Mister Pip is centred on several startlingly significant events but the moments in between languished. A significant chunk of the novel is spent (wasted) on Matilda and her classmates reconstructing the plot and dialogue of Great Expectations from memory after their copy is lost. And after its powerful climax, Mister Pip continued on longer than I liked.

Lloyd Jones has written a poignant, charming book, interspersed with moments of harsh reality, violence and suffering. It’s fairytale or fable-like in the raw beauty of its prose and its quiet moral complexity. But I think it’s that same quality that was what bothered me when it came to the characters’ actions. Instead of acting in their own best interests Jones’s characters seemed to exist to serve the fable, often to their detriment.

Cloud Atlas spans time periods, covers genres as varied as science fiction, thriller and farce, and showcases a range of storytelling techniques including epistolary, diary and interview. There’s Adam Ewing’s nineteenth century diary of his sea voyage from the Pacific to the United States, composer Robert Frobisher’s letters to his friend Rufus Sixsmith in the 1930s, 1970s journalist Luisa Rey uncovering a conspiracy, publisher Timothy Cavendish’s strange ordeal, the testimony of fabricant Sonmi ~ 451 set in a future Korea, and the post-apocalyptic tale of Zachry, a farmer living in a primitive society in Hawaii. Before reading it I found the novel’s unusual structure of tenuously linked sections a bit off-putting. I’ve never been much of a fan of short stories, which is what Cloud Atlas sounded like to me, but I ended up loving it despite my misgivings.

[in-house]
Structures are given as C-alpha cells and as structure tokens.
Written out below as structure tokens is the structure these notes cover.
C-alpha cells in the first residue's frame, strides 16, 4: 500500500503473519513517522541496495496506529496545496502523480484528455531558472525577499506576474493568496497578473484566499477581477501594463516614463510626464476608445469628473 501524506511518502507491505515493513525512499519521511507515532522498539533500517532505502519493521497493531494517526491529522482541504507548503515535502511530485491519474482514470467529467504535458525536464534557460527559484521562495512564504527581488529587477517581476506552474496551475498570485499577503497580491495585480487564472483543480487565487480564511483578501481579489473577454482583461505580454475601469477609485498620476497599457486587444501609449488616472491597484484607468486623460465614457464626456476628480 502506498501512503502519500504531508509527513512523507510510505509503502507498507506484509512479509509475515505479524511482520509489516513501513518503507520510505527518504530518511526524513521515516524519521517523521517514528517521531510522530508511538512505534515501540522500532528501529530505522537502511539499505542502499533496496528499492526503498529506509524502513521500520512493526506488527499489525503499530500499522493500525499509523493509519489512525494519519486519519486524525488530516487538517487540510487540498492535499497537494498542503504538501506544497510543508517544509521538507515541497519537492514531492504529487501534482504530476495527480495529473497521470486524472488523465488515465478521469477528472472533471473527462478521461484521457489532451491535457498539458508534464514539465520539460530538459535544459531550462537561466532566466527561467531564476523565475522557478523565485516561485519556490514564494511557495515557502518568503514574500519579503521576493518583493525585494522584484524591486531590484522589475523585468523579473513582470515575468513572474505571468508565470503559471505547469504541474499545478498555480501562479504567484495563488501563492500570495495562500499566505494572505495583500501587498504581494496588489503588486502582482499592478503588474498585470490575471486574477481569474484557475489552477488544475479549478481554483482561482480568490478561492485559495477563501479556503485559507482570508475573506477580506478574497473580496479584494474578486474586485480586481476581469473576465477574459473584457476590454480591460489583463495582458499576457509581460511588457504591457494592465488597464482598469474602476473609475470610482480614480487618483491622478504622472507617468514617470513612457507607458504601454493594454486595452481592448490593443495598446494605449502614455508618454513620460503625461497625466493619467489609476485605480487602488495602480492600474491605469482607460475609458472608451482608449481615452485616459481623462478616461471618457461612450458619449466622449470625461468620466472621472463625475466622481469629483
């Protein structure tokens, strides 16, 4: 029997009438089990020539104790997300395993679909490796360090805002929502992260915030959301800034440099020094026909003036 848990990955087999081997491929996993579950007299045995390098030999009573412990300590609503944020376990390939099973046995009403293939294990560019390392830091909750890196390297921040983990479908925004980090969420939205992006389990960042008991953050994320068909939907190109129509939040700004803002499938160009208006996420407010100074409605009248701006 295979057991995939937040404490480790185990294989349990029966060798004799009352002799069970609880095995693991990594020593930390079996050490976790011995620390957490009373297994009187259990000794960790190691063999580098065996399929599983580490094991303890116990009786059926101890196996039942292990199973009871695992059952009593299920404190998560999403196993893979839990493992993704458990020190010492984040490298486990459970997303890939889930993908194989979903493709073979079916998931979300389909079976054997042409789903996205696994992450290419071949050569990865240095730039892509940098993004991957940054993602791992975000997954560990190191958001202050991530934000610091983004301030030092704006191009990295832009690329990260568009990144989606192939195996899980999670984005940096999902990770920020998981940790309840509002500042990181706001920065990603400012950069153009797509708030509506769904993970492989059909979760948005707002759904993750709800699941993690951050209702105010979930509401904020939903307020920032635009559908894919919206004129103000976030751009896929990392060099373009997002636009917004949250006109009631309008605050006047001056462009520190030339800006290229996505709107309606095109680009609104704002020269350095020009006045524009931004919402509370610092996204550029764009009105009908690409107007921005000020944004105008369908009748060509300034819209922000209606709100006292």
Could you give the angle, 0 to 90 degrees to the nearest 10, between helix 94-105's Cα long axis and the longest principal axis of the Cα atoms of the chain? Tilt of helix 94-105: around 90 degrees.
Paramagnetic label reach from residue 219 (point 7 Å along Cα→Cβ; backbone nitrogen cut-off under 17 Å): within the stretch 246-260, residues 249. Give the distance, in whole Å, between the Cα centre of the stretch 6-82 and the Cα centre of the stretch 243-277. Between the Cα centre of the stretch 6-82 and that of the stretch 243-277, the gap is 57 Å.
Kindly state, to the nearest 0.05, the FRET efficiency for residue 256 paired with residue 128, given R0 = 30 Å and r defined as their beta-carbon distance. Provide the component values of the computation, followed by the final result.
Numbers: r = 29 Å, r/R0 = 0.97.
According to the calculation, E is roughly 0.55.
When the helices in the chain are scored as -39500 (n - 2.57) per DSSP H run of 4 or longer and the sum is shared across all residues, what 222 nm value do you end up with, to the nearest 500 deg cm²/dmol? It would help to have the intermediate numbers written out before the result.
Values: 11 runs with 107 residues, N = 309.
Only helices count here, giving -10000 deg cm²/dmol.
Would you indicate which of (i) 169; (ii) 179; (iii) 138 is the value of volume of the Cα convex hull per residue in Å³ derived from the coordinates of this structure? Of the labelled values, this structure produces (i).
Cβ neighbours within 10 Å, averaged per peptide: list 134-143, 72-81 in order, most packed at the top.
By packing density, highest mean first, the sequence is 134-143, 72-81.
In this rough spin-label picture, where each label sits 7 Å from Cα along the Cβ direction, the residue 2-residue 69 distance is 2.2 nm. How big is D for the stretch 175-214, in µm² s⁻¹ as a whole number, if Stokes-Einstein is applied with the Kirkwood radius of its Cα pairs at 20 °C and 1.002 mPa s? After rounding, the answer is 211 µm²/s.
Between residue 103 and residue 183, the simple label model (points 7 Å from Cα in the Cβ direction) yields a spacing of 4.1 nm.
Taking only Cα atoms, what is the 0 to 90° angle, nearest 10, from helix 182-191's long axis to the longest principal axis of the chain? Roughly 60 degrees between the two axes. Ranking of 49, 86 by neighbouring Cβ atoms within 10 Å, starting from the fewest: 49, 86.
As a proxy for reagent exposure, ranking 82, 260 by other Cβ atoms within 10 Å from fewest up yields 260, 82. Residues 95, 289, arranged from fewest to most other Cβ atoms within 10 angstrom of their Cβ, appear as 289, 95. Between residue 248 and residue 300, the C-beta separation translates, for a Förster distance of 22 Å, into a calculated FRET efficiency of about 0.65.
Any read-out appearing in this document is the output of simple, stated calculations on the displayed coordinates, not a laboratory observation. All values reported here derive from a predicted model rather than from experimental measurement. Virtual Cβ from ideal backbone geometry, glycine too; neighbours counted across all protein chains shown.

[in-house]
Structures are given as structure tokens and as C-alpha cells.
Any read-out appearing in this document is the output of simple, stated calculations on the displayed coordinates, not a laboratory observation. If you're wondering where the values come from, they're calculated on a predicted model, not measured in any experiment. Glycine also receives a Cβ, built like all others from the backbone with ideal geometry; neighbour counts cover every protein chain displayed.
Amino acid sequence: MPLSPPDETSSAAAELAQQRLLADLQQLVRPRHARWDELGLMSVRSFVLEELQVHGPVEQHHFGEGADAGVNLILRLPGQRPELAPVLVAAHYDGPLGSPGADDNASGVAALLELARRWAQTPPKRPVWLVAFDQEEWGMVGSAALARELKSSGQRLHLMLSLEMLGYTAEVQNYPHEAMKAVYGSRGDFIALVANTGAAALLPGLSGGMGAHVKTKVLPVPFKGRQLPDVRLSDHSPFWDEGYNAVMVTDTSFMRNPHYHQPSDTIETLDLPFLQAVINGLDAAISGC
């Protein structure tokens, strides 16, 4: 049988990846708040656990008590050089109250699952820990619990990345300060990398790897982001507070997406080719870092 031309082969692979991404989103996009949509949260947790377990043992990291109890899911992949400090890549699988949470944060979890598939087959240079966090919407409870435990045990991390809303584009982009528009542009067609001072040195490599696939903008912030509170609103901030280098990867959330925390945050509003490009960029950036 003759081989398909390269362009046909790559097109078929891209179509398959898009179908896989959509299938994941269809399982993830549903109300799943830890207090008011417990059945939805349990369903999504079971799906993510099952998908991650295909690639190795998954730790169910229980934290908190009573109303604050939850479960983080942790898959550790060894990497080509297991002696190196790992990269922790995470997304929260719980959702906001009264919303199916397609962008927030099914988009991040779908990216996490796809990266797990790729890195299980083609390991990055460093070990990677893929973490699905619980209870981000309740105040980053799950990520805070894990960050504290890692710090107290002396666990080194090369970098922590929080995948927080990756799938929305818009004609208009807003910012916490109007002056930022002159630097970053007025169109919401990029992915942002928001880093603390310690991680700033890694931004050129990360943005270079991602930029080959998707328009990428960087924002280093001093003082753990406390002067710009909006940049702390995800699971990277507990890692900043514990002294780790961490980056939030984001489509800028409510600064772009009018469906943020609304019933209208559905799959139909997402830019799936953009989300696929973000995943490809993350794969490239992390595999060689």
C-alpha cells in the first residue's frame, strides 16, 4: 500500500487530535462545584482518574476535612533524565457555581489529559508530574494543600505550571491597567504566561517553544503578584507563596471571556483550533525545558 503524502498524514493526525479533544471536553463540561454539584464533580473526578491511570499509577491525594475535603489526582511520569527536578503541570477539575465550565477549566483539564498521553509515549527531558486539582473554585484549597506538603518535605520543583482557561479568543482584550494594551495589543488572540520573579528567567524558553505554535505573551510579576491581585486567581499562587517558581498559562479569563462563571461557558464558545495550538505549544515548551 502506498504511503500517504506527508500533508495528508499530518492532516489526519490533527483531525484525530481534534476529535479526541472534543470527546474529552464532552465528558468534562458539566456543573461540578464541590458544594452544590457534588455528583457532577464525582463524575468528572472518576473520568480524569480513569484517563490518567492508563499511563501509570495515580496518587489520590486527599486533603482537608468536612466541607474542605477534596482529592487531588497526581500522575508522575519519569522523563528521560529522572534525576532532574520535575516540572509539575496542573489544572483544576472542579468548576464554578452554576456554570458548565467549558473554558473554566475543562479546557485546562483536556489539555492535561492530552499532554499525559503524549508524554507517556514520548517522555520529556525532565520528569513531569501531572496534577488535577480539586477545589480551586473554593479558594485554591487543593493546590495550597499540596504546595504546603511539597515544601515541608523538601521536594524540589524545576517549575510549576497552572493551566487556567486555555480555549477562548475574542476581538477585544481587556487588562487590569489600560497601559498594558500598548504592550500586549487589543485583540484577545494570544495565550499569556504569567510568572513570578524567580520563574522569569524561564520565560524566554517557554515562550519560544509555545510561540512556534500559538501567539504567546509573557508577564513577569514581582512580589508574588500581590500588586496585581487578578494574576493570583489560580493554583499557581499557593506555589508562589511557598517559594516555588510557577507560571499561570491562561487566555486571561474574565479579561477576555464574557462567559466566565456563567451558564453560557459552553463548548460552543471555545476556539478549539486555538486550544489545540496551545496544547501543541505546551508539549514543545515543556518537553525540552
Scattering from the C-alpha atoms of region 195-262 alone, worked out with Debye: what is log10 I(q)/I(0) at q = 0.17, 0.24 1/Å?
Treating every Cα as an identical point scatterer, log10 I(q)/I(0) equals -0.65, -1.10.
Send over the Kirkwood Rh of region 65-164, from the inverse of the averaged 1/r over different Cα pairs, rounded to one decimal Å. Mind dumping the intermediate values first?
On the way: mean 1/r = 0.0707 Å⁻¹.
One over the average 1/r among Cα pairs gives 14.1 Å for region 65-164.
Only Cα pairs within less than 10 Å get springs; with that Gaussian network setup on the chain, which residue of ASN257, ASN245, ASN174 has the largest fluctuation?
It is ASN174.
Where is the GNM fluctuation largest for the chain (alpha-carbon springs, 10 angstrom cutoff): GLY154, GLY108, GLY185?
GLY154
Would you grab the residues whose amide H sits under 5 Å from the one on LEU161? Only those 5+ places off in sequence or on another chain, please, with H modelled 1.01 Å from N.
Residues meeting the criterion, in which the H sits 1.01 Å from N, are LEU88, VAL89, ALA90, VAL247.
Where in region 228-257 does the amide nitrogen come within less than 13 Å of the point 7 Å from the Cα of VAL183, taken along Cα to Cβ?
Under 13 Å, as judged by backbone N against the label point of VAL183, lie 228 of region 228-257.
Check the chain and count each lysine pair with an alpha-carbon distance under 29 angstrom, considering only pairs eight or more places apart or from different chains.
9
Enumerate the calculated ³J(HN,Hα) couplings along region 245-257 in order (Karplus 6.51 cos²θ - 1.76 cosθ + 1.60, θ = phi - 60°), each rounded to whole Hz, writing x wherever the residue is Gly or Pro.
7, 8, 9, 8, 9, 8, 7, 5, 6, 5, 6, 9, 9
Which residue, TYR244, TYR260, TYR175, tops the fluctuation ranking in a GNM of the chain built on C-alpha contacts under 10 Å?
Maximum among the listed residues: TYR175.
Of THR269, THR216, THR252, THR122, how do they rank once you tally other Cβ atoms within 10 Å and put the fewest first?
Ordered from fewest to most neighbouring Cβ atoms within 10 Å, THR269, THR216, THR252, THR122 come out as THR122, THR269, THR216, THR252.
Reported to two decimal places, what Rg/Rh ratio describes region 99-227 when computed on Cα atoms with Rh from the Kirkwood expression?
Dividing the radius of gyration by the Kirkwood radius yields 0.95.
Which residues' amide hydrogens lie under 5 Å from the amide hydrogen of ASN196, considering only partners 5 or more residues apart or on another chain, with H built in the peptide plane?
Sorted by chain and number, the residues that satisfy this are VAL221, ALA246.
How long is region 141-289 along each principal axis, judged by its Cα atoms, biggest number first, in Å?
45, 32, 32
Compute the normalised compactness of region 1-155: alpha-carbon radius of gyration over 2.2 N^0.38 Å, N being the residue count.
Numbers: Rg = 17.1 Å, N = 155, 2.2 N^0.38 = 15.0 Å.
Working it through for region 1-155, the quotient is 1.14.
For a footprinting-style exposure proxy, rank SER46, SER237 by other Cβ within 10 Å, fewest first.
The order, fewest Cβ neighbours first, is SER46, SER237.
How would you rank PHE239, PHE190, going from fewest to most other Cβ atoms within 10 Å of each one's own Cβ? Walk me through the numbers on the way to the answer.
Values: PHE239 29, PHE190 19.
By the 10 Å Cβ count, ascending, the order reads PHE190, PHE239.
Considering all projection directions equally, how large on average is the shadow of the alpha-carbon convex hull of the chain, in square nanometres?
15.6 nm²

David Mitchell has a real talent for capturing characters’ voices and personalities. In each section the tone and style change completely. Sections shift from comical to dramatic and thrilling. Many parts are suffused with humour and wit. I found, given the staggering differences in style and content, my favourite parts of the novel were more pronounced. I wished some stories would last for longer. The futuristic settings were my personal favourites, but then, I’m a bit of nerd. It’s technically dazzling, accomplished and stylish writing. And through it all Mitchell gives a knowing nod to genre conventions he borrows from. In the thriller segment, ‘Half-Lives: The First Luisa Rey Mystery’, Rufus and Luisa are talking about Alfred Hitchcock’s Charade: